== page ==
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Radiation Therapy

Radiation therapy uses high-energy rays to destroy cancer cells. Half of all people with cancer will receive radiation for at least part of their treatment. Only cells in and around the cancer are affected. Your treatment will be planned by a radiation oncologist (a doctor who specializes in radiation therapy).

The most common type of radiation therapy is external beam radiation. Usually it is provided by a machine called a linear accelerator. It can be used to treat large areas of the body. This kind of radiation is usually given in daily doses over several weeks. Planning your radiation therapy is a complex process. The goal is to provide the strongest dose of radiation to the cancer while sparing as much normal tissue as possible. This helps reduce side effects.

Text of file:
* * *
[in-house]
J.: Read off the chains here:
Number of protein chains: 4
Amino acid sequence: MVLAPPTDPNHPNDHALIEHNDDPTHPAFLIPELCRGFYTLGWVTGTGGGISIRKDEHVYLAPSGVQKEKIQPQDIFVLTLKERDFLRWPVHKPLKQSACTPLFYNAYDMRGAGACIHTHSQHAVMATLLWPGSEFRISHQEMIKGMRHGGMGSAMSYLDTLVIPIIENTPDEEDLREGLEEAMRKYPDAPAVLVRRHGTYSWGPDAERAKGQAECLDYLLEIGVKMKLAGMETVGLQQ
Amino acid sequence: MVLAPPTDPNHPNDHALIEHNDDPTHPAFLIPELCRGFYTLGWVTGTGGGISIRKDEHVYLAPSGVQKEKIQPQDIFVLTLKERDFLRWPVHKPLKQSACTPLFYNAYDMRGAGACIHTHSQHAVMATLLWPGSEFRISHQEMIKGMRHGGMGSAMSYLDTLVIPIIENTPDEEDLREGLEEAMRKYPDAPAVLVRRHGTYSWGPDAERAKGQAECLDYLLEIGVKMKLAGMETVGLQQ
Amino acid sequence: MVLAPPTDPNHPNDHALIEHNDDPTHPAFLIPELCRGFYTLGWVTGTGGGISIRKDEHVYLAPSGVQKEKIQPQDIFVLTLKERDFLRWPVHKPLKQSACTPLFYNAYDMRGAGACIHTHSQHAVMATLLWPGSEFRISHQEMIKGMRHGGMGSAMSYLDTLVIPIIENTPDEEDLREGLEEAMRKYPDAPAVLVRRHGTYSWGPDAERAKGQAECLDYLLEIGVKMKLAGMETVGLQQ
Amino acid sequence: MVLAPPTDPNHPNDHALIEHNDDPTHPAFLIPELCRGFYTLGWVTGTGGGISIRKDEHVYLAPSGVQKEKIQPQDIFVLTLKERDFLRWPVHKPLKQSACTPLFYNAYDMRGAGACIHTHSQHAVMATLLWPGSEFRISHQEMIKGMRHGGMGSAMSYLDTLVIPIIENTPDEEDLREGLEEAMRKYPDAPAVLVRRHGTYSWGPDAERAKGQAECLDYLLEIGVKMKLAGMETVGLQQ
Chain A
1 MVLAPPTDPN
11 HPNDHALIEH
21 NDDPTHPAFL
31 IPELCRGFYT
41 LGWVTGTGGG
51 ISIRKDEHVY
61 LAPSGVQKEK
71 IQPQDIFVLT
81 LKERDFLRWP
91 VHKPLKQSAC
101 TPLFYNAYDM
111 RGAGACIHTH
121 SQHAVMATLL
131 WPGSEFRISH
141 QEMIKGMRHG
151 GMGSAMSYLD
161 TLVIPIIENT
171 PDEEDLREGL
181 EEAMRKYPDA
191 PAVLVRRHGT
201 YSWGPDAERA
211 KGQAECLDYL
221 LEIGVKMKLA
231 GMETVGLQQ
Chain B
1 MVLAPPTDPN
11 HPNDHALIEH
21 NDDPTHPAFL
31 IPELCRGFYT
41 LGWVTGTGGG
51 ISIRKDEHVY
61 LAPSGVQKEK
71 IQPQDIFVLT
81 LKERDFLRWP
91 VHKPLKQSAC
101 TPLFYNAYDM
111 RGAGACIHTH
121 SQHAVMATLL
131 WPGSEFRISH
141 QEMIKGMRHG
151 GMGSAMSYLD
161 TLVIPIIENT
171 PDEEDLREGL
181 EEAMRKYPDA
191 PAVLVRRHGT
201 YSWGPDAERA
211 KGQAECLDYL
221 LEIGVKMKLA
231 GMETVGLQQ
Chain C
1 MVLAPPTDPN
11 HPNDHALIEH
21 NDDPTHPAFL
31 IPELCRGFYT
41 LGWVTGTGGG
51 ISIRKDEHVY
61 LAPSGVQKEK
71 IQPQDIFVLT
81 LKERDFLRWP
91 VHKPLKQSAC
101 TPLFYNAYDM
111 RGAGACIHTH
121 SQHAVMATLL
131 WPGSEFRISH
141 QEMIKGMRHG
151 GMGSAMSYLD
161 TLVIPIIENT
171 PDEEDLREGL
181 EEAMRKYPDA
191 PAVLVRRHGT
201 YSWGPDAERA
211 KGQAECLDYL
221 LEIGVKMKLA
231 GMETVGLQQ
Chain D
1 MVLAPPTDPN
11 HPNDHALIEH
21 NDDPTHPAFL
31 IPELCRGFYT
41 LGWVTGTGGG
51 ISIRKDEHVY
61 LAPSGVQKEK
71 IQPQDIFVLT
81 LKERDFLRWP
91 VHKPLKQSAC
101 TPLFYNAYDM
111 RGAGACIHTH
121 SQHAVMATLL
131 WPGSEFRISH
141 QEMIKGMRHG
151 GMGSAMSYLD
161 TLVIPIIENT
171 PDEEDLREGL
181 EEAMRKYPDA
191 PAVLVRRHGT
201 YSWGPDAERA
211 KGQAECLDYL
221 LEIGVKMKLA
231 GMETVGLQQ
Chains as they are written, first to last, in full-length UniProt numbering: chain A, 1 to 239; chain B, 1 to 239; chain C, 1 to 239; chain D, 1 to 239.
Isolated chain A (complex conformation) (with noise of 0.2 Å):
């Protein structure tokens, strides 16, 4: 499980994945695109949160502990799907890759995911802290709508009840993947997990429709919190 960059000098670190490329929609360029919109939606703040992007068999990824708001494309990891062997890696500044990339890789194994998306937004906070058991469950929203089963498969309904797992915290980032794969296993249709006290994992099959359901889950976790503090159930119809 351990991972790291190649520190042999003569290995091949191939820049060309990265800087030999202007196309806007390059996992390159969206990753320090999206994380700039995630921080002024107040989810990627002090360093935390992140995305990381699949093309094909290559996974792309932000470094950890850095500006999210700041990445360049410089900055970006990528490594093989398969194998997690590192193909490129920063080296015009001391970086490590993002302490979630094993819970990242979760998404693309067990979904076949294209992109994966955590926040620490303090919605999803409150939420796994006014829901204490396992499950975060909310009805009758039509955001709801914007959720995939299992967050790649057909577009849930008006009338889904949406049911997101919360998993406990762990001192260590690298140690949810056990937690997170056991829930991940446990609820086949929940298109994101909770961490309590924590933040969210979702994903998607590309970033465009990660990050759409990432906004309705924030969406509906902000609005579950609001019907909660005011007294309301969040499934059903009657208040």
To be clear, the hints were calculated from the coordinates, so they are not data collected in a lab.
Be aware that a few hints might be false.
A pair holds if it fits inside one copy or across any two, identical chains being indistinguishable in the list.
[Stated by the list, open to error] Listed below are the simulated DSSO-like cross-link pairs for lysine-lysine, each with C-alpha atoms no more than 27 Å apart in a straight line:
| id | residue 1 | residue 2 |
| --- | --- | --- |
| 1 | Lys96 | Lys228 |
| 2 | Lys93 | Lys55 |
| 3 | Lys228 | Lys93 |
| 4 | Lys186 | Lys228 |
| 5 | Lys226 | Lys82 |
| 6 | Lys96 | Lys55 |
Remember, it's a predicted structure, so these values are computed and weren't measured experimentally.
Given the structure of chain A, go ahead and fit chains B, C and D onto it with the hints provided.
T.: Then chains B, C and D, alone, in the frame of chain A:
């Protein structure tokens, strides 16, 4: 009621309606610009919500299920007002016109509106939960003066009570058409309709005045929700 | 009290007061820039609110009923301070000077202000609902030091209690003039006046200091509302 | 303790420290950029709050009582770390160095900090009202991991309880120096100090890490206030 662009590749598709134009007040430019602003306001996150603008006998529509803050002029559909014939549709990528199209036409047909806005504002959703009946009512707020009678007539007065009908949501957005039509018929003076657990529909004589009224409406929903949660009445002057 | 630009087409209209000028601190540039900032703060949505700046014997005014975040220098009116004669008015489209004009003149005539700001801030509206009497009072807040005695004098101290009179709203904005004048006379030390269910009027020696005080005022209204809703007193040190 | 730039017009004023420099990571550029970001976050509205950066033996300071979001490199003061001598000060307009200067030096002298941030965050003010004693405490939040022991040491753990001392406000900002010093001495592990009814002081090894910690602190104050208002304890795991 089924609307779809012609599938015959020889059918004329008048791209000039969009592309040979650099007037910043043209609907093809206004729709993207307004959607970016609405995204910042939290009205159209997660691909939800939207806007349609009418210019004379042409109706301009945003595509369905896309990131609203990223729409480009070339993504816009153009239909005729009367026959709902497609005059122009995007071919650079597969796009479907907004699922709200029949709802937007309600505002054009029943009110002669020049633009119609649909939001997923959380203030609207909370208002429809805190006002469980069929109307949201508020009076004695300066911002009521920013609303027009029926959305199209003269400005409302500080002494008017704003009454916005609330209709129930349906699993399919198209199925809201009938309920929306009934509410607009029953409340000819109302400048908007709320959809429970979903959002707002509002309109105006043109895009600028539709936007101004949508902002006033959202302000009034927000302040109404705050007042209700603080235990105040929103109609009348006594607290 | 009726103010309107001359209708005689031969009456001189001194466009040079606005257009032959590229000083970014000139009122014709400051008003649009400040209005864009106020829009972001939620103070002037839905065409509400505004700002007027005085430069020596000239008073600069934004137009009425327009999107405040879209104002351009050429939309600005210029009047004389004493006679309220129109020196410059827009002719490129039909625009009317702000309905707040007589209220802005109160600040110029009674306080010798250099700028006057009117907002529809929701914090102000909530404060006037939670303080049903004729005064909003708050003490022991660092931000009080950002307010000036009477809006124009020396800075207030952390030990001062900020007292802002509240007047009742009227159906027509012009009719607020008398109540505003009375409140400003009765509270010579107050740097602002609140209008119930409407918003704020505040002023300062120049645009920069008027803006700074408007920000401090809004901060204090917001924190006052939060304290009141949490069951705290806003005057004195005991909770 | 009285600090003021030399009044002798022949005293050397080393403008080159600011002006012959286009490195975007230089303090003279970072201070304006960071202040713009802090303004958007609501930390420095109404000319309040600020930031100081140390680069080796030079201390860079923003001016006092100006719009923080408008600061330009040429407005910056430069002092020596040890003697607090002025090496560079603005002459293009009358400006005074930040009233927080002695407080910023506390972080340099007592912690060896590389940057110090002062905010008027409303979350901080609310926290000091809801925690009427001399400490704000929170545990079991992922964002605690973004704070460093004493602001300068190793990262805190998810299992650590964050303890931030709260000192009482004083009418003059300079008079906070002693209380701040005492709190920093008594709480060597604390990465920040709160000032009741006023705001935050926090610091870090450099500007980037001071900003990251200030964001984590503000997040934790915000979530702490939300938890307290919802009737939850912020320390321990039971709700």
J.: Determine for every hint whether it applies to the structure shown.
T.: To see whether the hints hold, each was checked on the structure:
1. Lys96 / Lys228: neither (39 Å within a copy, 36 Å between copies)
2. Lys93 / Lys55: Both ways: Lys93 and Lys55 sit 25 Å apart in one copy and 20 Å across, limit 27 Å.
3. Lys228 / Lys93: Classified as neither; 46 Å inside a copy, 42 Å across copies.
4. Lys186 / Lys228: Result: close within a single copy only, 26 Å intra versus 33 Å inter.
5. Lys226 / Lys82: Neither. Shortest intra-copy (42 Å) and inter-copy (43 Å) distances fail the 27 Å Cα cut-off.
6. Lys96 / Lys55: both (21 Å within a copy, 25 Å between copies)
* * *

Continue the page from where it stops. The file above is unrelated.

Among the new external beam radiation treatments offered at Willamette Valley Cancer Institute and Research Center is IMRT, or intensity modulated radiation therapy. IMRT delivers high doses of radiation directly to a tumor site while sparing more of the surrounding healthy tissue. Some otherwise untreatable tumors can be treated this way. Another new technique in use at WVCI is IGRT, or image-guided radiation therapy, which uses CT scans to guide treatment.

Other types of radiation therapy include:

  • Internal radiation therapy (brachytherapy). In this kind of targeted therapy, radioactive containers are placed in a small area of the body. The placement may be temporary or permanent. Imaging such as x-rays, CT scans or ultrasound are used to guide the doctor in placing the source of radiation in just the right spot.
  • Radiopharmaceuticals. These are drugs containing radioactive materials. The drugs can travel to specific parts of the body to treat cancer. They can be particularly helpful in treating certain kinds of bone, brain and thyroid cancers and lymphomas.

Learn more at Willamette Valley Cancer Institute and Research Center.

 
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